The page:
Banks said understanding how the Pteris vittata functions with arsenic could lead to ways to clean up arsenic-contaminated land.
"Potentially you could take these genes and put them in any organism that could suck the arsenic out of the soil," Banks said.
Salt said rice plants could be modified with the gene to store arsenic in the roots of plants - instead of rice grains - in contaminated paddies.
Banks and Salt found another gene in Pteris vittata that looks almost exactly the same as the one that controls arsenic tolerance. When the fern was exposed to arsenic, the confirmed arsenic-tolerance gene increased its expression while the similar gene did not.
Salt said the gene that regulates arsenic tolerance could be a duplicate of the other that has changed slightly to give itself a new function.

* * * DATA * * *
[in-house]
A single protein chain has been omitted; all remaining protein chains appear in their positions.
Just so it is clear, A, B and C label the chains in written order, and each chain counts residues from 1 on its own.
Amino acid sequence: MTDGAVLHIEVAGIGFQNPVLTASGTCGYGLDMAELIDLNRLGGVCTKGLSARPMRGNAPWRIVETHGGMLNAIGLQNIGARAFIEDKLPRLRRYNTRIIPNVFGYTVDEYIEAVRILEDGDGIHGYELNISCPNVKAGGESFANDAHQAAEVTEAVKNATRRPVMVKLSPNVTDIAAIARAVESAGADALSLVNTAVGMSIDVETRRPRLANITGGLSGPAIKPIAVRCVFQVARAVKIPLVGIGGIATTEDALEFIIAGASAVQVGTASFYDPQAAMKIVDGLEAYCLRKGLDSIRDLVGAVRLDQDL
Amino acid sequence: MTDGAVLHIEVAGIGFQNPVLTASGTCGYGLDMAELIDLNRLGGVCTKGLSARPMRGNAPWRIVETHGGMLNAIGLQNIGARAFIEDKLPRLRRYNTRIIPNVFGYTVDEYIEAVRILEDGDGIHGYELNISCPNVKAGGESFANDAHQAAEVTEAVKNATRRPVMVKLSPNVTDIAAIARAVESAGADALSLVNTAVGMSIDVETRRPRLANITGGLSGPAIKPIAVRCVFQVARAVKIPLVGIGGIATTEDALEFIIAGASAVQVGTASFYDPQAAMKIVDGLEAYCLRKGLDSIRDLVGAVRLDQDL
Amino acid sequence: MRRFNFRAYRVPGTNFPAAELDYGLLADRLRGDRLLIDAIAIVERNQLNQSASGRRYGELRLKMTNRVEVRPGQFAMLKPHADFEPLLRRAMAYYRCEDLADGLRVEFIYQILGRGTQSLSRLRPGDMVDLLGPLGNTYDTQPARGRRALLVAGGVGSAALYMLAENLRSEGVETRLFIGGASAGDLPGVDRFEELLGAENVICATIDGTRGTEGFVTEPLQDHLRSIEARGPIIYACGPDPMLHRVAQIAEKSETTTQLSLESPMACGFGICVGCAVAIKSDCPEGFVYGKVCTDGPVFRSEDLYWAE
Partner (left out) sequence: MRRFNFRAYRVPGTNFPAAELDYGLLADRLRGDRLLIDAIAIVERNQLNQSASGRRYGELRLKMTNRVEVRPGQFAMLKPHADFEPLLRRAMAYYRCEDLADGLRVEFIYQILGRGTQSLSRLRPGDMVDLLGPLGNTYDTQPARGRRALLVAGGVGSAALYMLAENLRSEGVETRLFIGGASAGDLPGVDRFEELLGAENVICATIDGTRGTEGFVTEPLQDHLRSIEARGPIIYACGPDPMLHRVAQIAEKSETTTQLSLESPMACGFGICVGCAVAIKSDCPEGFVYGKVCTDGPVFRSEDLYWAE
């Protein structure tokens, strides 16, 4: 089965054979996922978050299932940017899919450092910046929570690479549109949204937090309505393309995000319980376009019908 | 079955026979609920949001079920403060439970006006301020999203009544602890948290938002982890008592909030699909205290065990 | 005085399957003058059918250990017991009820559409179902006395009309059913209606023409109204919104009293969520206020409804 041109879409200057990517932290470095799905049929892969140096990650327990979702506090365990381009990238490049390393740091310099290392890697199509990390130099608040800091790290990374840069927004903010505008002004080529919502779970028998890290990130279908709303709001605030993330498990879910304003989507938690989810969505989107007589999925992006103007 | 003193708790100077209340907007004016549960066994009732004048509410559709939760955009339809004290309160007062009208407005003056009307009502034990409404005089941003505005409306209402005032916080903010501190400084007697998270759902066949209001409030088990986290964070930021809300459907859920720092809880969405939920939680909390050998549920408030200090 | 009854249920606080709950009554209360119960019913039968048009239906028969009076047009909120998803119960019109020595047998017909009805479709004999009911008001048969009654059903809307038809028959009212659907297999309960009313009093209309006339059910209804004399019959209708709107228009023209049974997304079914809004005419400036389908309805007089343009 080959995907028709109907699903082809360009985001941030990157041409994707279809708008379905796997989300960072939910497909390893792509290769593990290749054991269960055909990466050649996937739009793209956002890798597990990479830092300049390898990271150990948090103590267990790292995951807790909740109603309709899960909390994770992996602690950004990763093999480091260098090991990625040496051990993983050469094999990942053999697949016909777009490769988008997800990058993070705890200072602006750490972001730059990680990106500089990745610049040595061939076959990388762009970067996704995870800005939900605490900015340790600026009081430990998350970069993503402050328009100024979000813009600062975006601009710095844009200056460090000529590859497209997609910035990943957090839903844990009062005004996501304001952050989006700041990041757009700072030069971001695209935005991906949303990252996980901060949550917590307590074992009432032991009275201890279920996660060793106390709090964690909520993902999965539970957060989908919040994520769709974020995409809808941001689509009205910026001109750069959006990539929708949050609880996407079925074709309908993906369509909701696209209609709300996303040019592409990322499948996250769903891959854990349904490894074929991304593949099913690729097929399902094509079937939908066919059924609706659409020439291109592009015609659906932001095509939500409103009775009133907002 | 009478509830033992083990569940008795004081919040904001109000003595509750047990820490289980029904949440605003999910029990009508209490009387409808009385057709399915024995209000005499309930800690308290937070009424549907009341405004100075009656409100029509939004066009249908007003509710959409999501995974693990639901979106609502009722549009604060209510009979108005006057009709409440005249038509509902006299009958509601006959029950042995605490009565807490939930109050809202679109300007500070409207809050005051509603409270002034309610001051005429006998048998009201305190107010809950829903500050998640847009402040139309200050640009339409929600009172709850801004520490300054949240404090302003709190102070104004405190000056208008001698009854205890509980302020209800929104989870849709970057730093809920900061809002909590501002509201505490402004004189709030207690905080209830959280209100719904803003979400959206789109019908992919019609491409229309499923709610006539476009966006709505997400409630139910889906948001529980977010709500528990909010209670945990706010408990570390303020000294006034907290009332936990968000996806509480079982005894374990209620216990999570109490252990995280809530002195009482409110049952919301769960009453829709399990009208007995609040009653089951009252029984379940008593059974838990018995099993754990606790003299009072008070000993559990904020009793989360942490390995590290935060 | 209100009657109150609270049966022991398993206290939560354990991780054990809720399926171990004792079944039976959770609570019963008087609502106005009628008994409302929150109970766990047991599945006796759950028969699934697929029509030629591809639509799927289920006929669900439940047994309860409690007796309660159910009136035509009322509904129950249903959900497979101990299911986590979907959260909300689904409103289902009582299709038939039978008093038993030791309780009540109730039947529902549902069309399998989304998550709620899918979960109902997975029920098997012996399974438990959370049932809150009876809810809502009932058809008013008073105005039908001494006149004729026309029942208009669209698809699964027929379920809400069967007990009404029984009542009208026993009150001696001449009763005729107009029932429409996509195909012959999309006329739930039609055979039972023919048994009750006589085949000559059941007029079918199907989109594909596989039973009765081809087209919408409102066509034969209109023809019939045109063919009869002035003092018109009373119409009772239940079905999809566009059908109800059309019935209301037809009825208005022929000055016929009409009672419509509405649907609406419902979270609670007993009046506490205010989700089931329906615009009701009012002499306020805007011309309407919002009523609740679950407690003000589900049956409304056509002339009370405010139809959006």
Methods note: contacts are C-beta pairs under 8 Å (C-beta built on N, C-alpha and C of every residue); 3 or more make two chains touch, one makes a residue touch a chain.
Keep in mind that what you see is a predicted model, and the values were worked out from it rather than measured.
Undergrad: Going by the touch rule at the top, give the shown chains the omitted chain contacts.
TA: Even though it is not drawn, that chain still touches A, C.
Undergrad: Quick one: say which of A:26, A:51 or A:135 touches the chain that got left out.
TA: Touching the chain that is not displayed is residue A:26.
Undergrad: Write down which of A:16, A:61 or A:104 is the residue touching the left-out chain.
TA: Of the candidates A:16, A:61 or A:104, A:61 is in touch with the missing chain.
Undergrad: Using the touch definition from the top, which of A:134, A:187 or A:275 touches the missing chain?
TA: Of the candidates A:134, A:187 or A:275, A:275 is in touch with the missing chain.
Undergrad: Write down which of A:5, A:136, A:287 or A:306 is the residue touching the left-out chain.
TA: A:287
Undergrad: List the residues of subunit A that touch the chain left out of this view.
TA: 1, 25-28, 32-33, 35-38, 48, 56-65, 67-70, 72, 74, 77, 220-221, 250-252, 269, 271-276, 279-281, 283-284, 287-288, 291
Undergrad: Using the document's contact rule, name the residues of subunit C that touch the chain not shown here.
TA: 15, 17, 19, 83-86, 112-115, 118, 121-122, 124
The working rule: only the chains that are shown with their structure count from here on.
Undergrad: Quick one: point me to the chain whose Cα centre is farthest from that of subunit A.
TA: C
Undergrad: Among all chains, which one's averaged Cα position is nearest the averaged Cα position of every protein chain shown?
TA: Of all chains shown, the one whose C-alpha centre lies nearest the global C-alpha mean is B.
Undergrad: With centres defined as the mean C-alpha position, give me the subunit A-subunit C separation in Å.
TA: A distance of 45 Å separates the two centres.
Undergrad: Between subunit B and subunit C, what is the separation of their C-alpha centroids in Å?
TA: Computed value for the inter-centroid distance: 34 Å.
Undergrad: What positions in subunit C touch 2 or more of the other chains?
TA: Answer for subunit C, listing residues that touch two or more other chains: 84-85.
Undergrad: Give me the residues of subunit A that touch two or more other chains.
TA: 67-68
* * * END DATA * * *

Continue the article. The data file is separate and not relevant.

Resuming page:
"The fact that it has these two genes could be a sign of evolution," Salt said. "One of the thoughts of gene evolution is that one copy could continue to do what it has always done, while the duplicate can develop another function."
The plant might have evolved to accumulate arsenic, Banks and Salt theorized, as a defense against animals or insects eating them.
Banks hopes findings such as this will lead to more research emphasis on non-flowering plants. She said there are characteristics in plants such as Pteris vittata that cannot be found in other organisms.
The next step in their research is to put the arsenic-tolerance gene from Pteris vittata into Arabidopsis to see whether it gives the new plant the same characteristics.
|Contact: Brian Wallheimer|